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'13 Assassins' Fights For A Top Spot Amongst The Greatest Samurai Films

'13 Assassins' marks director Takashi Miike's latest cinematic foray and it's an ambitions one to be certain. If you've been hungering for some martial arts ultra-violence but have wanted a little more substance than the most recent sword-slashing fare (Ninja Assassin you know you're guilty here) then you need to drop what you're doing and check out this movie. Drawing inspiration from many films, Miike's '13 Assassins' manages to stand on its own as a true samurai classic. Read on to learn a little more about what makes this film so great.

You don't need subtitles to get the gist of the story from the trailer above, but here's a quick rundown: Lord Naritsugu (in a wonderful performance by Goro Inagaki) is the sociopathic brother to a current Japanese Lord. It isn't long before Lord Naritsugu's revolting actions begin to catch up with him though. Hope comes in the form of the noble samurai Shinzaemon Shimada (Koji Yakusho in another of the film's impressive performances) who is secretly hired to assassinate the sadistic Lord.

So, as any honorable leader of men is wont to do in this situation, he begins amassing a small group (12 to be exact) of equally honorable warriors. Without wanting to give too much of the plot away, the story moves on from here to become a welcomed mash-up of film classics like The Dirty Dozen, Seven Samurai, and The Wild Bunch with the usual Miike twists thrown in.

As with each of these films in which a large group of men with nothing to lose must face suicidal odds, you will come to know each of them. You'll cheer for their victories, root for them when they're down, and be saddened when one is slain. Although I must admit, there are a few of the assassins who I wish I had gotten to know better. In a movie with such a large cast, however, it's to be expected that not every character will get the attention they deserve. One of the most impressive feats that this film pulls of has to do with Miike's adept handling and switching of tone.

The film plays a constant balancing act between the comic and the tragic. Not an easy thing to do without coming off as too much of one and not enough of the other. But in Miike's skilled hands, the balance works. Comic moments punctuate tragic ones, offering some respite from the bleak events surrounding these warriors.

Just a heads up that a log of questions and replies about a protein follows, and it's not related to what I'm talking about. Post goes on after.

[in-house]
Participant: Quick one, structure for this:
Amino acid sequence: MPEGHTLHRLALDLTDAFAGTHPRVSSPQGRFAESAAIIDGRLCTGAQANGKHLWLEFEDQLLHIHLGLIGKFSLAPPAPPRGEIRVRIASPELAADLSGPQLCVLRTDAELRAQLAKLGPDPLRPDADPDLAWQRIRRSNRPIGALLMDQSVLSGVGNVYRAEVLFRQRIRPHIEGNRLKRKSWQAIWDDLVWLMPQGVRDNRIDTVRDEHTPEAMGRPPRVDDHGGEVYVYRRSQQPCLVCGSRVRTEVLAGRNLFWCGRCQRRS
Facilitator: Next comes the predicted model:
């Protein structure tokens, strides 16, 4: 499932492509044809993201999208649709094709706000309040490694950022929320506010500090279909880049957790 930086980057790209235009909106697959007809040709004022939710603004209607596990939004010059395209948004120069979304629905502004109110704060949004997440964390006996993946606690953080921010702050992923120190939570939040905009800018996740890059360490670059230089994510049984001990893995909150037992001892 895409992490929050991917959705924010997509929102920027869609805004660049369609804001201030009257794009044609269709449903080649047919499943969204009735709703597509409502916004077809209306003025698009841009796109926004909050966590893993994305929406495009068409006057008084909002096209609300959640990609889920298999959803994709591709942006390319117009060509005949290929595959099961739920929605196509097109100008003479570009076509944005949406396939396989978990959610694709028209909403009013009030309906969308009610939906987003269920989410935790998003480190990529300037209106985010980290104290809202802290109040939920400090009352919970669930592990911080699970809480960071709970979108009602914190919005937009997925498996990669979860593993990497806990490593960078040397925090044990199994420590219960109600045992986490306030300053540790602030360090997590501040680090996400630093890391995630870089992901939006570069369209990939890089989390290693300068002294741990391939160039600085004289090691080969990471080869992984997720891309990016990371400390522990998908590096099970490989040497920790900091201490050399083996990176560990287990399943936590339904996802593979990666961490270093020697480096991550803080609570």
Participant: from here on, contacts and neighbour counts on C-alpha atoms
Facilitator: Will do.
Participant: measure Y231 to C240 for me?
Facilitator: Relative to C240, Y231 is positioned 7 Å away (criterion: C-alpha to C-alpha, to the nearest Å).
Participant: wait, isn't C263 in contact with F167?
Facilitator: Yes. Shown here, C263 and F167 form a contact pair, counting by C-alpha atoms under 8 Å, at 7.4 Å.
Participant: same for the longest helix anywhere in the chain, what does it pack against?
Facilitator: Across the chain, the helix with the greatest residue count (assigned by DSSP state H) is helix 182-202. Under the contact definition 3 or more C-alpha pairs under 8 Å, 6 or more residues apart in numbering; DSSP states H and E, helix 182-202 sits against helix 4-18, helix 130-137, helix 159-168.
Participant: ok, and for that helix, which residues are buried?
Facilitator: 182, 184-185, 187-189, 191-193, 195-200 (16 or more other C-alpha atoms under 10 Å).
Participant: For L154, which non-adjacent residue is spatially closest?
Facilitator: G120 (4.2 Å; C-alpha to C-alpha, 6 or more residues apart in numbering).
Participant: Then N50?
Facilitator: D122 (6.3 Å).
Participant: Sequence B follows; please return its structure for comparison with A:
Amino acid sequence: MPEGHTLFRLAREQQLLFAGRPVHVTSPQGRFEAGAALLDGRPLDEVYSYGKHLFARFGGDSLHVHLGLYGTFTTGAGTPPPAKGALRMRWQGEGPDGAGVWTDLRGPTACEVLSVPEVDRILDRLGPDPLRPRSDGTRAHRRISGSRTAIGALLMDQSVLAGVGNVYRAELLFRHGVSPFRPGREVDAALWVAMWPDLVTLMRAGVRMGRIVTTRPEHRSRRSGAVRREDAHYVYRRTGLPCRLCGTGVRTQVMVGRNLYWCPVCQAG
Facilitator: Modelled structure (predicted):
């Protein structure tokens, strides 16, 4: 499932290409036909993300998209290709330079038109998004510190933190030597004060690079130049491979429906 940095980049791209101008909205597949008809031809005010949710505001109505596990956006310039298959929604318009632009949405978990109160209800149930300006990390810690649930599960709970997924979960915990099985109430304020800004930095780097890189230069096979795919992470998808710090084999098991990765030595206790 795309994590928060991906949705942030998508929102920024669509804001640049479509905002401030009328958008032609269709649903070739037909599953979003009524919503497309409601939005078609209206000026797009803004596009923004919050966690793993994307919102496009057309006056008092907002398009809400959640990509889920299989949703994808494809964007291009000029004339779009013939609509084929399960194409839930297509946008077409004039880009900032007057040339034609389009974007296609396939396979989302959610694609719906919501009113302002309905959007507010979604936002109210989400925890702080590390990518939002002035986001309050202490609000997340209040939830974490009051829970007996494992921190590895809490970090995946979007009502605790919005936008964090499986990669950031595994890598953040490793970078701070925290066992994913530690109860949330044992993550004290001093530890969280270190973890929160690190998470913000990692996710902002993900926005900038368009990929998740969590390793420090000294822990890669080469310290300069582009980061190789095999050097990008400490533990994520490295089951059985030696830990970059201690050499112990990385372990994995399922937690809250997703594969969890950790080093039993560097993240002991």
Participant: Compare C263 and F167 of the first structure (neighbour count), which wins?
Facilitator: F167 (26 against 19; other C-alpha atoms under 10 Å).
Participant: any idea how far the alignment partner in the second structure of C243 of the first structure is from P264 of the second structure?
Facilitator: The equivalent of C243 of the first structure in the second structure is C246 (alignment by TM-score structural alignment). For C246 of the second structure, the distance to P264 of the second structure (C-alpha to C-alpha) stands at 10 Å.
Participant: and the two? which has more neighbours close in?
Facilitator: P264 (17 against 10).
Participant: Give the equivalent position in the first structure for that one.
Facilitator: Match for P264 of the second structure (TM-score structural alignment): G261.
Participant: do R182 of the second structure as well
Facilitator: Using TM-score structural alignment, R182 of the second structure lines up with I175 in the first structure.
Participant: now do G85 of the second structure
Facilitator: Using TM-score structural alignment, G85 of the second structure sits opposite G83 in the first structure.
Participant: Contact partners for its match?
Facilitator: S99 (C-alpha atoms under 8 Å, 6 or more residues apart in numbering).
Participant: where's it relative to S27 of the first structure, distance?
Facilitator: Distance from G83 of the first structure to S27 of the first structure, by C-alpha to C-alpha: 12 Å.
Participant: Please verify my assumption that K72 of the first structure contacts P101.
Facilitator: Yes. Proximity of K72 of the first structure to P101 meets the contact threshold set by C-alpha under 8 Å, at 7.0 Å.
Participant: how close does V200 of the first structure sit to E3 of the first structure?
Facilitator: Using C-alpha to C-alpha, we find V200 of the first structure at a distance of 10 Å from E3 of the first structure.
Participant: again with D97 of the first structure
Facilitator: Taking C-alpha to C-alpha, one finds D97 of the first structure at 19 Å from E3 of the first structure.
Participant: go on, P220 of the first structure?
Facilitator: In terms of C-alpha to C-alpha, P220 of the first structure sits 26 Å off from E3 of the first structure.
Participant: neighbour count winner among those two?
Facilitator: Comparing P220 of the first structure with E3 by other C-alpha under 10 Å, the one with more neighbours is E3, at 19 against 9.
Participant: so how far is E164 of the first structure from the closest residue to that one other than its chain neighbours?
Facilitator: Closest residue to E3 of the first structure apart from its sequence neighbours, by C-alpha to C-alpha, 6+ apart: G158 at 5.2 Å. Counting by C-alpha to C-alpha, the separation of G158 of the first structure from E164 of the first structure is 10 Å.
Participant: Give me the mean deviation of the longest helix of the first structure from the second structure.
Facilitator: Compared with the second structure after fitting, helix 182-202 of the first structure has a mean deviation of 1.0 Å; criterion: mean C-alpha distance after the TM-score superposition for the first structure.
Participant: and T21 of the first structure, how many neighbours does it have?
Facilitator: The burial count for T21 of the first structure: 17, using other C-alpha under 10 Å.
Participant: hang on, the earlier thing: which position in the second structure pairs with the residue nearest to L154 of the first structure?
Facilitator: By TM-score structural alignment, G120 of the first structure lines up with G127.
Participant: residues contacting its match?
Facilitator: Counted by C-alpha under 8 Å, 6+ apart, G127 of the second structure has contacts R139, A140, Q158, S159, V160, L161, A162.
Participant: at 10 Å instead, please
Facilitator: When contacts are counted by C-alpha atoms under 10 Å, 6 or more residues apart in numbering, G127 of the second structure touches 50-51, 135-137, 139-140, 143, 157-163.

Of course, it wouldn't be a Miike film without something a little oddly creepy thrown in there, and you'll find these moments too. The tonal shifts aren't always perfect though. My only real problem arose during the final minutes of the film. Not wanting to spoil anything, I'll just say that the appearance of one of the characters at the end left me very puzzled.

Another thing worth noting is the surprising lack of 'in-your-face' violence. That's not to say this film isn't violent. On the contrary, it's one of the most violent films in recent memory. But there are many points throughout the film where Miike seems to be intentionally holding back, allowing the violence to happen just outside the eye of the camera. This may come to a bit of a surprise to fans of Miike's more gore-centric films like Audtion or Ichi The Killer. But Miike loyalists should have absolutely no reason to be disappointed with this film, especially after experiencing the samurai sword filled showdown that serves as the story's epic finale.

Even if you aren't a huge Takashi Miike fan (personally, he had me at Ichi the Killer), if you're at all interested in samurai, martial arts movies, ancient feudal Japan, or just plain entertaining storytelling, you owe it to yourself to throw on a black hakama and give this one a look.

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